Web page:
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Minnesota pork plant in jeopardy as soaring inflation dents demandMinnesota pork plant in jeopardy as soaring inflation dents demand

HyLife Foods is looking for a buyer for its pork plant in Windom.


April 14, 2023

1 Min Read
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By Elizabeth Elkin and Jen Skerritt

Hog plants are at risk of shutting as soaring inflation hampers demand for pork while feed costs climb.

Closely held Canadian HyLife Foods is looking for a buyer for its pork plant southwest of Minneapolis just three years after it purchased the facility, which processes about 1.2 million hogs annually. Olymel, another Canadian company, announced Friday it will permanently close its slaughter plant in Vallee-Jonction, Quebec, impacting about 1,000 workers.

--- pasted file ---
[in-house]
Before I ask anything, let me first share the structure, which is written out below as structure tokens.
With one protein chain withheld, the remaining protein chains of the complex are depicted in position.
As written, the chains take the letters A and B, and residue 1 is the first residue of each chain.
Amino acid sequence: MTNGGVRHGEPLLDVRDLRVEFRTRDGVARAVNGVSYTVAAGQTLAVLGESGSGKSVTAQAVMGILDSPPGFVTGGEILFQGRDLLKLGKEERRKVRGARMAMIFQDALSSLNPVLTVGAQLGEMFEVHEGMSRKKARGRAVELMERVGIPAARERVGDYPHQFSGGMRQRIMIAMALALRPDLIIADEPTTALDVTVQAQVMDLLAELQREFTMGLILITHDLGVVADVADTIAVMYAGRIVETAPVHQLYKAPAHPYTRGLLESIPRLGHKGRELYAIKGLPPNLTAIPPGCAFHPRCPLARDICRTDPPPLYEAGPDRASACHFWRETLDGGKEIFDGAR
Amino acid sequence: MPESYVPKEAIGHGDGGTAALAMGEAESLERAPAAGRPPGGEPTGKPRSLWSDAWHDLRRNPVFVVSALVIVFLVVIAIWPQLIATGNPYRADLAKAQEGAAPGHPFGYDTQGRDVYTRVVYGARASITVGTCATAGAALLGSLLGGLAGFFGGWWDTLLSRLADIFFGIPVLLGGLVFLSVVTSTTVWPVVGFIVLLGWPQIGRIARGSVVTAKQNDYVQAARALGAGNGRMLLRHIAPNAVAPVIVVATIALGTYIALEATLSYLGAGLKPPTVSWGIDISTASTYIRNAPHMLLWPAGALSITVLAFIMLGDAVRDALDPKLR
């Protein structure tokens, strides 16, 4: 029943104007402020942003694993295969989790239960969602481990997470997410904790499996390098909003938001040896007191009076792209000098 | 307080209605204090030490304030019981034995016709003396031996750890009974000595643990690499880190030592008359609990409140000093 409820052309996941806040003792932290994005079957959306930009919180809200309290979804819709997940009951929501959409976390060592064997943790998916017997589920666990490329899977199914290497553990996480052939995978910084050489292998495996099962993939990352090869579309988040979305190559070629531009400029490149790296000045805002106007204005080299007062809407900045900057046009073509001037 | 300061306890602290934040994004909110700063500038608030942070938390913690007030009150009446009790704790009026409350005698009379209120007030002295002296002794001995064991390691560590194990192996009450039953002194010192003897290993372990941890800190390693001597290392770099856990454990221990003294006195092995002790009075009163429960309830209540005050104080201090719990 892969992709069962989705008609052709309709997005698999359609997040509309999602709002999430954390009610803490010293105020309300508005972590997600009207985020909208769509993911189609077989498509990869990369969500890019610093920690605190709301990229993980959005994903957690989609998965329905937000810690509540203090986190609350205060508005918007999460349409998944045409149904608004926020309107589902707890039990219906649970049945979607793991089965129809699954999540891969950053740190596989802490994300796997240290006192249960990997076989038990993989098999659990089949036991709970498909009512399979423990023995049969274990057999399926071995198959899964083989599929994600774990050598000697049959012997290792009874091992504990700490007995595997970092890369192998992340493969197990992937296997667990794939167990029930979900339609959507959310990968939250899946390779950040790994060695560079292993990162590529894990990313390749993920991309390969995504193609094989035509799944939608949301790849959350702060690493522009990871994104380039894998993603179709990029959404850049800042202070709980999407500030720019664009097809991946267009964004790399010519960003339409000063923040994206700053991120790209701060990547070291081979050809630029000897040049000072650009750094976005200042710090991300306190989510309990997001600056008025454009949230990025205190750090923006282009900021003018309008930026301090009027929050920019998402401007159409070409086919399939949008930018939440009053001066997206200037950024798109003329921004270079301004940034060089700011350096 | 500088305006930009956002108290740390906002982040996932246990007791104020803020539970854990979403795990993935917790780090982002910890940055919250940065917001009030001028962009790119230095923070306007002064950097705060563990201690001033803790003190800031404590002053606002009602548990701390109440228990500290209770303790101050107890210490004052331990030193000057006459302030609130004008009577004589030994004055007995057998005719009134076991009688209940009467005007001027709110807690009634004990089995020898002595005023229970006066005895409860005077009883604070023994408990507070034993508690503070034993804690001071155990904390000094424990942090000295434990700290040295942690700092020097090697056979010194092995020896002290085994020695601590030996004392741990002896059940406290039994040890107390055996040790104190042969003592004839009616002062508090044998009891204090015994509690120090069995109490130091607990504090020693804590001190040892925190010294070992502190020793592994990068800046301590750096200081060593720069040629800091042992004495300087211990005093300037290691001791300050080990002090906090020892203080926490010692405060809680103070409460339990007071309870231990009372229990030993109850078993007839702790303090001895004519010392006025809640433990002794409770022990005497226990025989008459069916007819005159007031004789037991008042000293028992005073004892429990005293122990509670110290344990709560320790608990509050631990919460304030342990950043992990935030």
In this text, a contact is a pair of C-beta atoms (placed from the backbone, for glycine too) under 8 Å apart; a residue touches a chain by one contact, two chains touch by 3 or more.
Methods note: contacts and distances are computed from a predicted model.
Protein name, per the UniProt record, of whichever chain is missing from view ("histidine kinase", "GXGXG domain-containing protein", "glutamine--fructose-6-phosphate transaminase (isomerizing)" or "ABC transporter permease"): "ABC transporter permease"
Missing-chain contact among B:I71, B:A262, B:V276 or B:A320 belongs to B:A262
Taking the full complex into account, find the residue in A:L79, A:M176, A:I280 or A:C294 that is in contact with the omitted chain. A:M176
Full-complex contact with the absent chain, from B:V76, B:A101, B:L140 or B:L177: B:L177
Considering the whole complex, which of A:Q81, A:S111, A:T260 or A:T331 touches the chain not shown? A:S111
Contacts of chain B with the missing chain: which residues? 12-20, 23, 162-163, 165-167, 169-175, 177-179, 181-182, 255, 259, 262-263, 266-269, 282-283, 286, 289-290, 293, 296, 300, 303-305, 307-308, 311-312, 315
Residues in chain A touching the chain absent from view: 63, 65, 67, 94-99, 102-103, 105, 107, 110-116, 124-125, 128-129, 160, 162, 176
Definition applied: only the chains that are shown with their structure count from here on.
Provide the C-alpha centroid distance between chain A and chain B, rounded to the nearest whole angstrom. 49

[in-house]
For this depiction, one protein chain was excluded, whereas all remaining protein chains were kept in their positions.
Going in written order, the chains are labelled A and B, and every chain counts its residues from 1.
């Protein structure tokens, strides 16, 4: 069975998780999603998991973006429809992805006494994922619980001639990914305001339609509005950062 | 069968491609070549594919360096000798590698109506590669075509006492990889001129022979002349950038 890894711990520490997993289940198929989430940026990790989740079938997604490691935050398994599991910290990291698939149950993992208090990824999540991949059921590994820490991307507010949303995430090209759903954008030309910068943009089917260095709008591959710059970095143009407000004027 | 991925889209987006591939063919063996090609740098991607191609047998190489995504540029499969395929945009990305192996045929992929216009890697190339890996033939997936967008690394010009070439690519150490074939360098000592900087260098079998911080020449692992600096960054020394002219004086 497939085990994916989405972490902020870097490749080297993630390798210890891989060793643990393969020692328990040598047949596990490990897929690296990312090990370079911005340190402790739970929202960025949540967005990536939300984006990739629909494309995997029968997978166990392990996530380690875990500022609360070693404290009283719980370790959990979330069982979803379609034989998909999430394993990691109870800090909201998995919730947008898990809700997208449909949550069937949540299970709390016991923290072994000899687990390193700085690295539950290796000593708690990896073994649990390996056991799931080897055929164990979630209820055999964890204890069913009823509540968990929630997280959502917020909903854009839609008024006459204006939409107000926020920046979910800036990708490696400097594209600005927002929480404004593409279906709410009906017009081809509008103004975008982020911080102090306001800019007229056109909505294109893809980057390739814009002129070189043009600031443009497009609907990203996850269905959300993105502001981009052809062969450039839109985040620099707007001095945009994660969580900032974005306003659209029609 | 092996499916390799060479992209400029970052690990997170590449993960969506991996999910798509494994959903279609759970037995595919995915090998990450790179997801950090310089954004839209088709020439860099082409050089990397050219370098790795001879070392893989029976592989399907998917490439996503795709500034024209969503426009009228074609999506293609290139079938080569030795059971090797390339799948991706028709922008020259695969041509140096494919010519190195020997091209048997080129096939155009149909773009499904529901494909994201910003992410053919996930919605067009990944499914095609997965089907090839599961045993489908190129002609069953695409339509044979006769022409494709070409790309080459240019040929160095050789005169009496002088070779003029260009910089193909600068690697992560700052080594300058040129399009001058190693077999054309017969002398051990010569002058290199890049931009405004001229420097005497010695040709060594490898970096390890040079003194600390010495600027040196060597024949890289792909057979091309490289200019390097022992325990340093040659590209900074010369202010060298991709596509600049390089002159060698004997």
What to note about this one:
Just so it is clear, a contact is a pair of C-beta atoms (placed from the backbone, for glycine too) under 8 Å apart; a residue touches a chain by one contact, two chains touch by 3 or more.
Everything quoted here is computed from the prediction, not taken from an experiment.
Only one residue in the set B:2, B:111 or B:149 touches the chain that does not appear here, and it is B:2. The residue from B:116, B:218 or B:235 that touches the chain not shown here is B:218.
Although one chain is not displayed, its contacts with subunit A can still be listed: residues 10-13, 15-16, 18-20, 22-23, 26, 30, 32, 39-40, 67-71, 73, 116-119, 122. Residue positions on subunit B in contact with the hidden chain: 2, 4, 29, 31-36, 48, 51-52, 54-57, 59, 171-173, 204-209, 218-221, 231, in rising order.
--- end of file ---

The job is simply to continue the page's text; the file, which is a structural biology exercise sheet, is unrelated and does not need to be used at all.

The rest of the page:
“The decision was necessary to stop losses in the fresh pork sector, which have amounted to more than $400 million over the past two years and are jeopardizing the entire company’s profitability,” Olymel Chief Executive Officer Yanick Gervais said in a statement.

Hog prices have been sliding amid concern pork supplies are outpacing demand for the meat. Additionally, the industry has faced labor shortages and rising costs of inputs like feed. That’s made it difficult for some operations to stay profitable.

A potential shutdown of HyLife’s plant would impact about 1,000 employees. Across the industry, many facilities are aging and require considerable investment to maintain and operate, making “under performing assets” heavily scrutinized, said Christine McCracken, senior analyst for animal protein at Rabobank.

“Our industry has been facing unprecedented external challenges such as inflation, high grain costs, and exchange rates that are affecting businesses and consumers alike,” HyLife Chief Executive Officer Grant Lazaruk said in an emailed statement.

--With assistance from Michael Hirtzer.

© 2023 Bloomberg L.P

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